Valentyn Nalyvaichenko is a Ukrainian MP who served as head of the Security Service (their FBI) 2006–10 and 2014–15. He writes in the Wall Street Journal (10/10):

Serious allegations have been made in the U.S. and Ukraine, including that Ukrainian government officials and organizations assisted Hillary Clinton’s campaign in 2016 and that Burisma, a major Ukrainian gas company, hired Hunter Biden, Joe Biden’s son, for cynical purposes. Regardless of the implications of these charges within American politics, Ukraine has a responsibility to investigate them completely and transparently….
There is no way to know if crimes were committed unless the Ukrainian government investigates all allegations properly and transparently.

Political fallout

The early public opinion polls confirm the deeply partisan reading of the complicated and tangled knot of the Ukrainian threads and the confused political situation. A CNN poll breaks 47-45 for impeachment, with 55% of Democrats supportive and 66% of Republicans opposed. A Quinnipiac survey is tied 47-47 on impeachment, with Democrats 90-5 for, and Republicans 92-7 against. The share of respondents rating Trump honest went up from 30 to 37, his approval rating up from 29 to 35. Importantly, in a PBS Newshour poll published on 28 September, independents opposed impeachment by 50-44.

The public will find it much easier to see a lot of money was involved in deals done with Ukrainian and Chinese companies and individuals; Biden’s son was enriched handsomely from these deals while his father was VP; beyond being his father’s son, Hunter had little to commend him for his shot at big money. All this being perfectly legal will deepen revulsion at the fetid Washington swamp. This is why regardless of the political damage to Trump between now and next year’s election, the Biden candidacy may be sunk and the Democratic brand could suffer collateral damage.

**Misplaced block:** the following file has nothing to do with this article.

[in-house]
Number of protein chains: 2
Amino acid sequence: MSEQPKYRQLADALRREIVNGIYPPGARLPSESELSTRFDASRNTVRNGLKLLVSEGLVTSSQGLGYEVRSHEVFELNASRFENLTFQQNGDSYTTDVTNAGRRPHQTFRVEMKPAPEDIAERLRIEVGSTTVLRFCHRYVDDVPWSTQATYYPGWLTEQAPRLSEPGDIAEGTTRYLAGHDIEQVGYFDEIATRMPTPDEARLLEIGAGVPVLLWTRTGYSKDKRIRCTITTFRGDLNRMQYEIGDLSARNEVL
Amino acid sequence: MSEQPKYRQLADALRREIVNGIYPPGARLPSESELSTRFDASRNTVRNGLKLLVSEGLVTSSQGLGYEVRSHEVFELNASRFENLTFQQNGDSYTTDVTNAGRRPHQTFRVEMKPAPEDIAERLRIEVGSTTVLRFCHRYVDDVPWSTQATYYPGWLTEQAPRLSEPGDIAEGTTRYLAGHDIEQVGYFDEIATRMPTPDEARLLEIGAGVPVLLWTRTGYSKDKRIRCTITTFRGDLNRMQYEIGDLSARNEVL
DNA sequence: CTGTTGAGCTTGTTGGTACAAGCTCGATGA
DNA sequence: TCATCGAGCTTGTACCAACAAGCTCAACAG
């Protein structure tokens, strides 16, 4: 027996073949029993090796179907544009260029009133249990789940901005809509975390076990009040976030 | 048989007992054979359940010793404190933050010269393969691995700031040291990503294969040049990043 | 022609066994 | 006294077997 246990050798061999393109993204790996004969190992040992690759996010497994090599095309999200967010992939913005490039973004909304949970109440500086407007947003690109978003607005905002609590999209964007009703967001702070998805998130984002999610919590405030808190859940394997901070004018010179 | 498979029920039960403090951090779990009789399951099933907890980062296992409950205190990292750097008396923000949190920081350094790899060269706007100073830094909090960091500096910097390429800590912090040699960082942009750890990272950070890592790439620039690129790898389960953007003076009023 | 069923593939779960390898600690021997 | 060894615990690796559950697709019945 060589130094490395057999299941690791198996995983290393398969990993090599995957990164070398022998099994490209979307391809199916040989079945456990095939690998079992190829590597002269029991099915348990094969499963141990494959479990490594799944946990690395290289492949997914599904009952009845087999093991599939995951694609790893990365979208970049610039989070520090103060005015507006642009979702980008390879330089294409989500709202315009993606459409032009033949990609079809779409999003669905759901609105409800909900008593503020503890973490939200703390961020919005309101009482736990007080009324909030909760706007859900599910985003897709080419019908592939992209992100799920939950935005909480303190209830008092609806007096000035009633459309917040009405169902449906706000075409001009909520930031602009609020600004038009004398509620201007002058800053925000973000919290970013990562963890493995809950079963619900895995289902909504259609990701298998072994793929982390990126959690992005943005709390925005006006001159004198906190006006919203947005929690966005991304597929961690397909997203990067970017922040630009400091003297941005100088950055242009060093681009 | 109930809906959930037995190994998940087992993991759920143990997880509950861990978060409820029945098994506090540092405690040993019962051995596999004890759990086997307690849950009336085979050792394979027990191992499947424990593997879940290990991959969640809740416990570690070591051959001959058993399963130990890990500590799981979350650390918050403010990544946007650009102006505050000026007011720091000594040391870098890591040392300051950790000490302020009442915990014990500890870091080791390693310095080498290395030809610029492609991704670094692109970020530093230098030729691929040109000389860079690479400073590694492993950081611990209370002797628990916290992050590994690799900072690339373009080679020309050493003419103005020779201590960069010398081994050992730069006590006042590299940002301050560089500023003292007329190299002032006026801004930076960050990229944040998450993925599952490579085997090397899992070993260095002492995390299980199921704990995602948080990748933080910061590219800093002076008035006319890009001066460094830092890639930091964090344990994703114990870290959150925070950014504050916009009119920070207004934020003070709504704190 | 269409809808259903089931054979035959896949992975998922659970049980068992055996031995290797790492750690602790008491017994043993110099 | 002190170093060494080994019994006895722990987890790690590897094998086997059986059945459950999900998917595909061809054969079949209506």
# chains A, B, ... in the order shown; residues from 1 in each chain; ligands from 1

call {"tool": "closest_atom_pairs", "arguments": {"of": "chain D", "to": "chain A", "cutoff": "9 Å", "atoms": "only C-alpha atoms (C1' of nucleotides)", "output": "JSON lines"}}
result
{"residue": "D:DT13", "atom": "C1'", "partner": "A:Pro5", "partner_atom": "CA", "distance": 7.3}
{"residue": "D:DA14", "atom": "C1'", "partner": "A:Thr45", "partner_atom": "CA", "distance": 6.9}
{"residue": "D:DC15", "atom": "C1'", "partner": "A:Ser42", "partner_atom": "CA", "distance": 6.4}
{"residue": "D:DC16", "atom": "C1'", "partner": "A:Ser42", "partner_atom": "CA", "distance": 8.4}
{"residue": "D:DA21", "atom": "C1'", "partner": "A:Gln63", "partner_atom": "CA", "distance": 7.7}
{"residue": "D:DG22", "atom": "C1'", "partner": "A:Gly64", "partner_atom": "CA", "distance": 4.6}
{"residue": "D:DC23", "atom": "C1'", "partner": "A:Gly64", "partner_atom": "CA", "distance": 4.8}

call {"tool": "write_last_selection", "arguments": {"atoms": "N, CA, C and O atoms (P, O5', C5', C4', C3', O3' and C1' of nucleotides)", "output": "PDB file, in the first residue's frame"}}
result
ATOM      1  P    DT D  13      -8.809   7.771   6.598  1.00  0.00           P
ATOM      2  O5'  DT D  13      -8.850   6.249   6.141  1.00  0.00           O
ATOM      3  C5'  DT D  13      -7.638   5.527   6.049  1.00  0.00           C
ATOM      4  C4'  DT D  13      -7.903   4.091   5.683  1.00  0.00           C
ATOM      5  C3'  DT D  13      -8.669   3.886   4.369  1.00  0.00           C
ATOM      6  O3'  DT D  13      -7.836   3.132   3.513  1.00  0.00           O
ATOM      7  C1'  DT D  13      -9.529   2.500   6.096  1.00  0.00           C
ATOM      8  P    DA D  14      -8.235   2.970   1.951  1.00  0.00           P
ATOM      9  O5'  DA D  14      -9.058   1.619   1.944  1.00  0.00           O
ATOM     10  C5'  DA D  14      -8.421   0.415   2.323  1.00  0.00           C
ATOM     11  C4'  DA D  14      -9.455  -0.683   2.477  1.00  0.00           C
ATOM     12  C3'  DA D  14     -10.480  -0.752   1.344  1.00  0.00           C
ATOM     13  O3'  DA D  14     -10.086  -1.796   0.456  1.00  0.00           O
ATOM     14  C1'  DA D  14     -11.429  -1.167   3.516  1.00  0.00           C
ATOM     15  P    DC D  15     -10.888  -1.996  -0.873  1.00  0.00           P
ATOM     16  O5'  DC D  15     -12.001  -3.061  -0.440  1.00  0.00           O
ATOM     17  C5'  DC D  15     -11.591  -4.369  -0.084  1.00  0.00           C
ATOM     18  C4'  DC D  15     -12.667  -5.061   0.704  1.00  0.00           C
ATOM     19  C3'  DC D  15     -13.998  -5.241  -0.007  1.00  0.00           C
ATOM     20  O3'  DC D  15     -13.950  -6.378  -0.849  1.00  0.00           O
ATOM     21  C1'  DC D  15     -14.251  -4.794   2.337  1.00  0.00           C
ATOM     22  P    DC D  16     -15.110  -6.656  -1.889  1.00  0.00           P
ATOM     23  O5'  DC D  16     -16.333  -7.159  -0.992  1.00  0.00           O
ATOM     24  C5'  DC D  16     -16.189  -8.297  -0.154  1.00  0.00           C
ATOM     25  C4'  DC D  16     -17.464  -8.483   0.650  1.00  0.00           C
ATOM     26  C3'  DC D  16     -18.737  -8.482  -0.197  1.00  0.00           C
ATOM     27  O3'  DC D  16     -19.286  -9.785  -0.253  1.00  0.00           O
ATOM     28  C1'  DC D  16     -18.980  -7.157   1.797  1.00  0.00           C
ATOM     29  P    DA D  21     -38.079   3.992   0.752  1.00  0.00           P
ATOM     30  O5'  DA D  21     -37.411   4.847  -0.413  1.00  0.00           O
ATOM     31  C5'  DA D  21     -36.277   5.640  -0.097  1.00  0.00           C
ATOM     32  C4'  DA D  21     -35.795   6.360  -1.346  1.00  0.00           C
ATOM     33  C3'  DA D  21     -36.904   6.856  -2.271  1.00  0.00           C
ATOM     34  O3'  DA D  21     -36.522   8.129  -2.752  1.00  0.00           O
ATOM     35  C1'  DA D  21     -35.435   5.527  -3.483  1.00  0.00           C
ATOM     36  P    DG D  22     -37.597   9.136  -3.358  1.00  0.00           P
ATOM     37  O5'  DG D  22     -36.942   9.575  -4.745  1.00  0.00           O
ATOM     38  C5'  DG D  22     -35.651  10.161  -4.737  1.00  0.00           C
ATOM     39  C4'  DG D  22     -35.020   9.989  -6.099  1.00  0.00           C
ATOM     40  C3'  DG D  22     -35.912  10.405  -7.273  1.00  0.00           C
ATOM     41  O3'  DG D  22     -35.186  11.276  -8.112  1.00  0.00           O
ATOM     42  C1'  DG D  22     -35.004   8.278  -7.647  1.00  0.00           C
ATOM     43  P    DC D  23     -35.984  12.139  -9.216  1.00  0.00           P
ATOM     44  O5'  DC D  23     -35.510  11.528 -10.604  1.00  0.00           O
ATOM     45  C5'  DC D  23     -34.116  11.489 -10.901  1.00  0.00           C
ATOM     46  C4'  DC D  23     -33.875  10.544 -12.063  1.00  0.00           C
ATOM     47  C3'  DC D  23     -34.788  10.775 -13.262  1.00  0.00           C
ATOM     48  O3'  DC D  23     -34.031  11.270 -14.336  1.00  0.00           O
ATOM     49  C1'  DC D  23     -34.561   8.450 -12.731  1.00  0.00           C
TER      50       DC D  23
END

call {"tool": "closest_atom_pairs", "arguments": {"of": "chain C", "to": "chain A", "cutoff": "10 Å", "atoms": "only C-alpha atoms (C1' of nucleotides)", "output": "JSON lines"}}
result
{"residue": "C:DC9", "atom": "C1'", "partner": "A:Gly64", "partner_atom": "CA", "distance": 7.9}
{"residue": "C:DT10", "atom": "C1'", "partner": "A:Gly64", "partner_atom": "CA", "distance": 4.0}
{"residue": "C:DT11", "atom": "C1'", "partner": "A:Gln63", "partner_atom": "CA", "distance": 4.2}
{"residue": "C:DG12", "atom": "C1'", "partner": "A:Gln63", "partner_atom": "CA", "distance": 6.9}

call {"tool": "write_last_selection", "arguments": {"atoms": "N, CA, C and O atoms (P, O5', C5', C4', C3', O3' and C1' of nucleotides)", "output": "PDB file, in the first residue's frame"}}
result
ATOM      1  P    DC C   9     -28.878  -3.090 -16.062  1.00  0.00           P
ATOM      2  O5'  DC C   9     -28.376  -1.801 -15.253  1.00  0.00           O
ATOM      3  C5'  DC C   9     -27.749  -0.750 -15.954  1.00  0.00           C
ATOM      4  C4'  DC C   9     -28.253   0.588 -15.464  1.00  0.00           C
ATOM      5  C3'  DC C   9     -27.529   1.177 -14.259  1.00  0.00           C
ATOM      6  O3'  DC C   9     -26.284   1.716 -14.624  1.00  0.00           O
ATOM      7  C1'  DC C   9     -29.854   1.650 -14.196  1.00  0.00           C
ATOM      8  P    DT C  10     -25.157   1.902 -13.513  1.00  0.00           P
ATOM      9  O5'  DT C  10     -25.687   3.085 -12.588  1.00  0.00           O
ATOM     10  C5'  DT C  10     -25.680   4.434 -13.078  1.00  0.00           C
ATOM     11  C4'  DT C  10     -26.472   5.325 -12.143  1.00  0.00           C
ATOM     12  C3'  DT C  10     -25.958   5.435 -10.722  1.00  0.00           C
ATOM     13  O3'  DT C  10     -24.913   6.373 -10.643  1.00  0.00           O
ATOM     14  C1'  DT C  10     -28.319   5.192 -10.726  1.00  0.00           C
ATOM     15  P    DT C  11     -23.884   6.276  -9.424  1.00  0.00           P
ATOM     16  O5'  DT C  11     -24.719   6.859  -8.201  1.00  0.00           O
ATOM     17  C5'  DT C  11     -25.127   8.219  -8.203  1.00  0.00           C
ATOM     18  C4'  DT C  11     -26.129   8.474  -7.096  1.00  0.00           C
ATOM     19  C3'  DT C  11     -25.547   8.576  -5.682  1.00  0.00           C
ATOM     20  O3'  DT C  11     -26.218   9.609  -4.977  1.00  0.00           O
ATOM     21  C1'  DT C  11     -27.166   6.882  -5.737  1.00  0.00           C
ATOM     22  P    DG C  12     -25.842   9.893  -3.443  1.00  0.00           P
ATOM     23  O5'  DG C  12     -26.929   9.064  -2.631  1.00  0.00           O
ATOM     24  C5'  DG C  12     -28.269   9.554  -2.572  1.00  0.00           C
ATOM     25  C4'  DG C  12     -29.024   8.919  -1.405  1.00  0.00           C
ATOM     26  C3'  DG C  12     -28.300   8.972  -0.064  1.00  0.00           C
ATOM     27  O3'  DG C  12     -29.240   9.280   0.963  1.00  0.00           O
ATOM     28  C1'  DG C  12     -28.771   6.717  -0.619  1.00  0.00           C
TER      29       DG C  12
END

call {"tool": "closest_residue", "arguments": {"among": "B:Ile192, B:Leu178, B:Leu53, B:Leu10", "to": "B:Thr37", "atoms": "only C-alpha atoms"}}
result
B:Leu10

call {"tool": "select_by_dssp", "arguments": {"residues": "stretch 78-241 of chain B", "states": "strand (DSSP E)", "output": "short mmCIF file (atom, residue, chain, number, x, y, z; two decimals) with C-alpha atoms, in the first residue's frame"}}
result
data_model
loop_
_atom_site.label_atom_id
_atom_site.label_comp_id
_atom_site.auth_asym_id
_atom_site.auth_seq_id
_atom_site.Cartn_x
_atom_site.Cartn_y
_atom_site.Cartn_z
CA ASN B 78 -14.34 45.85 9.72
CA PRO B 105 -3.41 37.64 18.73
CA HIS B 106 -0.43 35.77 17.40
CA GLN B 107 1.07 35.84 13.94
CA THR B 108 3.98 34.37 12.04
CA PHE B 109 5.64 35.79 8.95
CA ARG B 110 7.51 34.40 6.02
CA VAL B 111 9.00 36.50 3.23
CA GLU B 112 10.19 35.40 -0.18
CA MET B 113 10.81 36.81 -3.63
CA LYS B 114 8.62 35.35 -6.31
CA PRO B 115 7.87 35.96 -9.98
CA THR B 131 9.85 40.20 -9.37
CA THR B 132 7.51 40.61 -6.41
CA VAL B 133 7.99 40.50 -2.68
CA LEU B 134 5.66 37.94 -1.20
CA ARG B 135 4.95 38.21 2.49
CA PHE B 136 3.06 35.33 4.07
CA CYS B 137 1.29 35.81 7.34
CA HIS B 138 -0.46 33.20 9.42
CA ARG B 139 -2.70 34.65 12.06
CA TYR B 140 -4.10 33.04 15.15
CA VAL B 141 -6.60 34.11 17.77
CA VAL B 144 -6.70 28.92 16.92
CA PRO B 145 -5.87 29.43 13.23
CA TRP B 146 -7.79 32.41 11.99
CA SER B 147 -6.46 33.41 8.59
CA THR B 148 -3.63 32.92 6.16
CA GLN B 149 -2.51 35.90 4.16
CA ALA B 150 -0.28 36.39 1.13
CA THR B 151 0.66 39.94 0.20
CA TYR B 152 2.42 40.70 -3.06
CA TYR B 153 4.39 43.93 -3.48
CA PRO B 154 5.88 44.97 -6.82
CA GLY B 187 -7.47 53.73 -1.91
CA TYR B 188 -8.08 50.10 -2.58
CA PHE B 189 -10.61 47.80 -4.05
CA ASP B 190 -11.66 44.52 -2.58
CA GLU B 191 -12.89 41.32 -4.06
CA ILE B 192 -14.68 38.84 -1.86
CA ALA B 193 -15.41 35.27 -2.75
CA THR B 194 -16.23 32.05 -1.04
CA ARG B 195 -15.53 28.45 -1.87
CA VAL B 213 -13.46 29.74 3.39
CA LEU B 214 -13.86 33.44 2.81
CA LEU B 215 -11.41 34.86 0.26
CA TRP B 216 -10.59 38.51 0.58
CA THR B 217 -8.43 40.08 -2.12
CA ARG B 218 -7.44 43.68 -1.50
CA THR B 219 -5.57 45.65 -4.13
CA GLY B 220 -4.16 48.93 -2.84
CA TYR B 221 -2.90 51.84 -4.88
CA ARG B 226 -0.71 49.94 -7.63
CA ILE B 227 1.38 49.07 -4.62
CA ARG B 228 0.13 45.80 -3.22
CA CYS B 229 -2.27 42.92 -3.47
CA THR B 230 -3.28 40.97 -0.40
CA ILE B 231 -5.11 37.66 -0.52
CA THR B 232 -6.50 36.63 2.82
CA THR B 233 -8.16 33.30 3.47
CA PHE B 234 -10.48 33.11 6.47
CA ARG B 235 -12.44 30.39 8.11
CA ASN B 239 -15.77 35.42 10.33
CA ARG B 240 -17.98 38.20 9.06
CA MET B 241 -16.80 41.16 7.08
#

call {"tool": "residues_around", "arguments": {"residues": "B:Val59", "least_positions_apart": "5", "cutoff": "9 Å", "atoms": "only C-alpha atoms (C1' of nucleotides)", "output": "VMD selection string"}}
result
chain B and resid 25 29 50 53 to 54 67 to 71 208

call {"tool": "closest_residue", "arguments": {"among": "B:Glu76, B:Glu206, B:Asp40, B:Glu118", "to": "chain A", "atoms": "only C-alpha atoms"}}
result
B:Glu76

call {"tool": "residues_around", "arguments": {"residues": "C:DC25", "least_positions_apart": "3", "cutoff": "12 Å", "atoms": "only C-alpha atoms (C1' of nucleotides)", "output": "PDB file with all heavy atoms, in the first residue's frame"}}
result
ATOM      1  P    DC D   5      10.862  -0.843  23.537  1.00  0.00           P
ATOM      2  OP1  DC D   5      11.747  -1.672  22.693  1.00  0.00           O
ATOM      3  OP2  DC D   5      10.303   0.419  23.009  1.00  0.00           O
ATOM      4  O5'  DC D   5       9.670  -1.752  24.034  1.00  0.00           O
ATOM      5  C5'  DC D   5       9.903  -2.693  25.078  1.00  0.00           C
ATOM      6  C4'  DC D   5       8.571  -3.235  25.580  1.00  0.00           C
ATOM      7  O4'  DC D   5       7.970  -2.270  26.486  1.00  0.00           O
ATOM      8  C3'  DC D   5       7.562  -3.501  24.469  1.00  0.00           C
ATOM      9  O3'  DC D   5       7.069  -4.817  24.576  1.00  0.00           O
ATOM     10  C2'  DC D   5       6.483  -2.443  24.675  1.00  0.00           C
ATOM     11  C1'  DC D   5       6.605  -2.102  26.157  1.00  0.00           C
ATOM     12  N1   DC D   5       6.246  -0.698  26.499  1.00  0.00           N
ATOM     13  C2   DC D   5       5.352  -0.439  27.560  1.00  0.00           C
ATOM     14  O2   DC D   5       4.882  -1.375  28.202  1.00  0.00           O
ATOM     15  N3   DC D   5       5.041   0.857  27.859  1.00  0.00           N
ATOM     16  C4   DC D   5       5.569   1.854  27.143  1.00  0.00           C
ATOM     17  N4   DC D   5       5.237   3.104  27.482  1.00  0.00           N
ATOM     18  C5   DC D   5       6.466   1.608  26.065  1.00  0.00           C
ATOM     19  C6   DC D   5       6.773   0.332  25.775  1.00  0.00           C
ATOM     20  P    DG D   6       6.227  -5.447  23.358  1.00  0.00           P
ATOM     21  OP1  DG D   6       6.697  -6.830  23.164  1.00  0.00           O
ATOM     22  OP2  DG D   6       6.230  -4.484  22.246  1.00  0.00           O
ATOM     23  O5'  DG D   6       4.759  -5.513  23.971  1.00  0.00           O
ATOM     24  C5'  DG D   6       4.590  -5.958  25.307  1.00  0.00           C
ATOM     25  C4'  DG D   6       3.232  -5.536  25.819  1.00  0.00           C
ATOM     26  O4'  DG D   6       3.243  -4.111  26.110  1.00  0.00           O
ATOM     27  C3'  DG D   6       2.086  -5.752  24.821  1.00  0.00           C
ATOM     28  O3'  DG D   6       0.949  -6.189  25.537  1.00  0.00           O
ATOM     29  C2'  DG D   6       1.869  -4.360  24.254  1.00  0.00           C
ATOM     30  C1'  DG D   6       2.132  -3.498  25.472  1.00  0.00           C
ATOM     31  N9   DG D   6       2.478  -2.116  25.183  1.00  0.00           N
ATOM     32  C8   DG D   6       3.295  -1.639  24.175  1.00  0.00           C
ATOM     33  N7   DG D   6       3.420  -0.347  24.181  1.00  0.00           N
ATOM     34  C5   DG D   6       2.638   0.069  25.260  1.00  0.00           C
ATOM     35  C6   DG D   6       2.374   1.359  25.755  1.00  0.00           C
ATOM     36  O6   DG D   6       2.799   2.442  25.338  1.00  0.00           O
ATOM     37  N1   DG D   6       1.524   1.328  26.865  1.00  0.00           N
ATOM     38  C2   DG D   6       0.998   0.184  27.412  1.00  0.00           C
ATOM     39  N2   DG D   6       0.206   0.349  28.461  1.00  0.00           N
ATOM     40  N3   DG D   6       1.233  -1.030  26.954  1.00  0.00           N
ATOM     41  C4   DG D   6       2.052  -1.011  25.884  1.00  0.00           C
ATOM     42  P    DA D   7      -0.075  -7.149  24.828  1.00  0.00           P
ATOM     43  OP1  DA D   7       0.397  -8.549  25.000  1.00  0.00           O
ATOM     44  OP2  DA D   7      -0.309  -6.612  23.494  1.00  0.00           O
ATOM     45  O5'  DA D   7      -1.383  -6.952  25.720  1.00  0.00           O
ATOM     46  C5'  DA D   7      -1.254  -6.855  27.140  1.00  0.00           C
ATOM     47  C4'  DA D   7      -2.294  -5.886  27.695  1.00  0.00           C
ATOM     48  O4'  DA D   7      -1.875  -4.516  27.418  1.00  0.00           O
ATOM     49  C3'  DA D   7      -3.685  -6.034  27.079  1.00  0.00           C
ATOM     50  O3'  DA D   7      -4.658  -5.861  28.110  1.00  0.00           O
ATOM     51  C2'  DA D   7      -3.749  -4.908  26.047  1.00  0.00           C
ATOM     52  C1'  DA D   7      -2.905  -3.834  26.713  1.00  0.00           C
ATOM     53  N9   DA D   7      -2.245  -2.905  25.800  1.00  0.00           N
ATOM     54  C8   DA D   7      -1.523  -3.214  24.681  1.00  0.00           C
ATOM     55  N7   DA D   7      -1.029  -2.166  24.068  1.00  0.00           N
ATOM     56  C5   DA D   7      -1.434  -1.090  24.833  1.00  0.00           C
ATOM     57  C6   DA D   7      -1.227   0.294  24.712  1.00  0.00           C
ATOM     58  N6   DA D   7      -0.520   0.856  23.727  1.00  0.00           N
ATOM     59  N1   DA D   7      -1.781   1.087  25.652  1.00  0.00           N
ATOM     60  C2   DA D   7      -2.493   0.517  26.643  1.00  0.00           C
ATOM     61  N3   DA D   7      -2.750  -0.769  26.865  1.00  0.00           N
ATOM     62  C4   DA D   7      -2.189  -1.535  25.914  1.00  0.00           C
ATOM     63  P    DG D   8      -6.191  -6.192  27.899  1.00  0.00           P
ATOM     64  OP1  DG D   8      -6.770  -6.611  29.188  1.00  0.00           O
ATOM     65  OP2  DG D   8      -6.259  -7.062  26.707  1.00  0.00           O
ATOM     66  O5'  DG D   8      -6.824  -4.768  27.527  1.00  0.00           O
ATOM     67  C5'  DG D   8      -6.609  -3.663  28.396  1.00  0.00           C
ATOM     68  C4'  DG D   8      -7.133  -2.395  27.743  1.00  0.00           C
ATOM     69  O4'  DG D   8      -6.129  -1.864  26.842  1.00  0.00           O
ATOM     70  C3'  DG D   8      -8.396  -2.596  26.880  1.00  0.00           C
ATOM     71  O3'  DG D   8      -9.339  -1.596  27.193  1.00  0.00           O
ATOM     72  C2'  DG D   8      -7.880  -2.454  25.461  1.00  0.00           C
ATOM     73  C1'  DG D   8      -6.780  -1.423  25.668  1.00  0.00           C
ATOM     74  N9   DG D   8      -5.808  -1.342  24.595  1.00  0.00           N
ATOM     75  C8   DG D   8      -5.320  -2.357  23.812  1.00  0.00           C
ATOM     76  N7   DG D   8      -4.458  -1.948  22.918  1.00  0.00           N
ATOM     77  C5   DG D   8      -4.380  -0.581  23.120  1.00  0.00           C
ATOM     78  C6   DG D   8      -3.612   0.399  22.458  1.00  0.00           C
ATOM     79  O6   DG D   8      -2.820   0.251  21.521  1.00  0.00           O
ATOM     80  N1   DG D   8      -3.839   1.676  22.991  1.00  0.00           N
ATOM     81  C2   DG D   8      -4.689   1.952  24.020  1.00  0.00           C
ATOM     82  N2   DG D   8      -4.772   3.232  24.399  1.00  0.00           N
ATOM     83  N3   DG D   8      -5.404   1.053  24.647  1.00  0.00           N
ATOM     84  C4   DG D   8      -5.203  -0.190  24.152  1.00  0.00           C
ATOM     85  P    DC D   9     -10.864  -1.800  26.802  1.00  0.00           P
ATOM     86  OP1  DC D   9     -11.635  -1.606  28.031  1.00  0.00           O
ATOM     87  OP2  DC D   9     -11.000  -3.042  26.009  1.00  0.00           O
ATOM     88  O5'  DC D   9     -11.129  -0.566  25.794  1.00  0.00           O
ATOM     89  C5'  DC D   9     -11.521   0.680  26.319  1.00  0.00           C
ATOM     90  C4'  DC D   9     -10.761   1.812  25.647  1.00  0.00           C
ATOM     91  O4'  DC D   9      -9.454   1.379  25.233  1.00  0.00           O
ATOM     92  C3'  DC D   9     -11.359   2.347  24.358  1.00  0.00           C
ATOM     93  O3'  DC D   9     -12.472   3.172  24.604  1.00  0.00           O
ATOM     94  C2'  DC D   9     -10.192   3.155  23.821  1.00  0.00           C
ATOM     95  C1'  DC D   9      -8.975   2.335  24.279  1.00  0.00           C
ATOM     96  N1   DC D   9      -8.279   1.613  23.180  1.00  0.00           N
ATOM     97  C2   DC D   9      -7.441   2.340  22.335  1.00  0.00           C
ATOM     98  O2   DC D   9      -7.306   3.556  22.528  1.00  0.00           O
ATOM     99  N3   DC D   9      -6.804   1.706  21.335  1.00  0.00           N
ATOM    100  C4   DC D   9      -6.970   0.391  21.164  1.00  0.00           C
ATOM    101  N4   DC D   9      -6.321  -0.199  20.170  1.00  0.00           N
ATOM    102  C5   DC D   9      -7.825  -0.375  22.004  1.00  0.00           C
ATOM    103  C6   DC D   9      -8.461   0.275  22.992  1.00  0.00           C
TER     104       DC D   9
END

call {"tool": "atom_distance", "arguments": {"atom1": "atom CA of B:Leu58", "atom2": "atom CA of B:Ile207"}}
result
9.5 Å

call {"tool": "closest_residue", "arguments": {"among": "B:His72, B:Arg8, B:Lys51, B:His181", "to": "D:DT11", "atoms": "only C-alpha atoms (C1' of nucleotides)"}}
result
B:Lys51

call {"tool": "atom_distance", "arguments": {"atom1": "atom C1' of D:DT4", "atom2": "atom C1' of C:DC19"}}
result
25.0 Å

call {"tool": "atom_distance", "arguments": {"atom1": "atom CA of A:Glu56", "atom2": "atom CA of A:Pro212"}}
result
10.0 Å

President Trump, ‘surely one of the most controversial and sinning of presidents, may also be the most sinned against’, writes Holman W. Jenkins. It is in his nature to hit back hard with a punch to the face. Trump may emerge fatally damaged or politically strengthened with a rejuvenated and remotivated base at the end of the impeachment fracas; we shall have to wait and see.


Ramesh Thakur is a professor emeritus at the Crawford School of Public Policy, the Australian National University.

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5 Responses to RAMESH THAKUR. The establishment strikes back at the deplorables. Part 3: Impeachment

  1. Peter Martin says:

    Ramesh, old mate….

    I can see where you’re coming from.

    I would like you to do us a favour, though….

    Just check that you know the meaning of the word “solicit” as used the legislation relevant to impeachment investigations. Last time I looked, that word does not require the existence of “quid pro quo” (a term used as relevant to bribery laws: an interesting confusion). Does it or does it not apply to a request for a favor, or do you have a wildly different dictionary?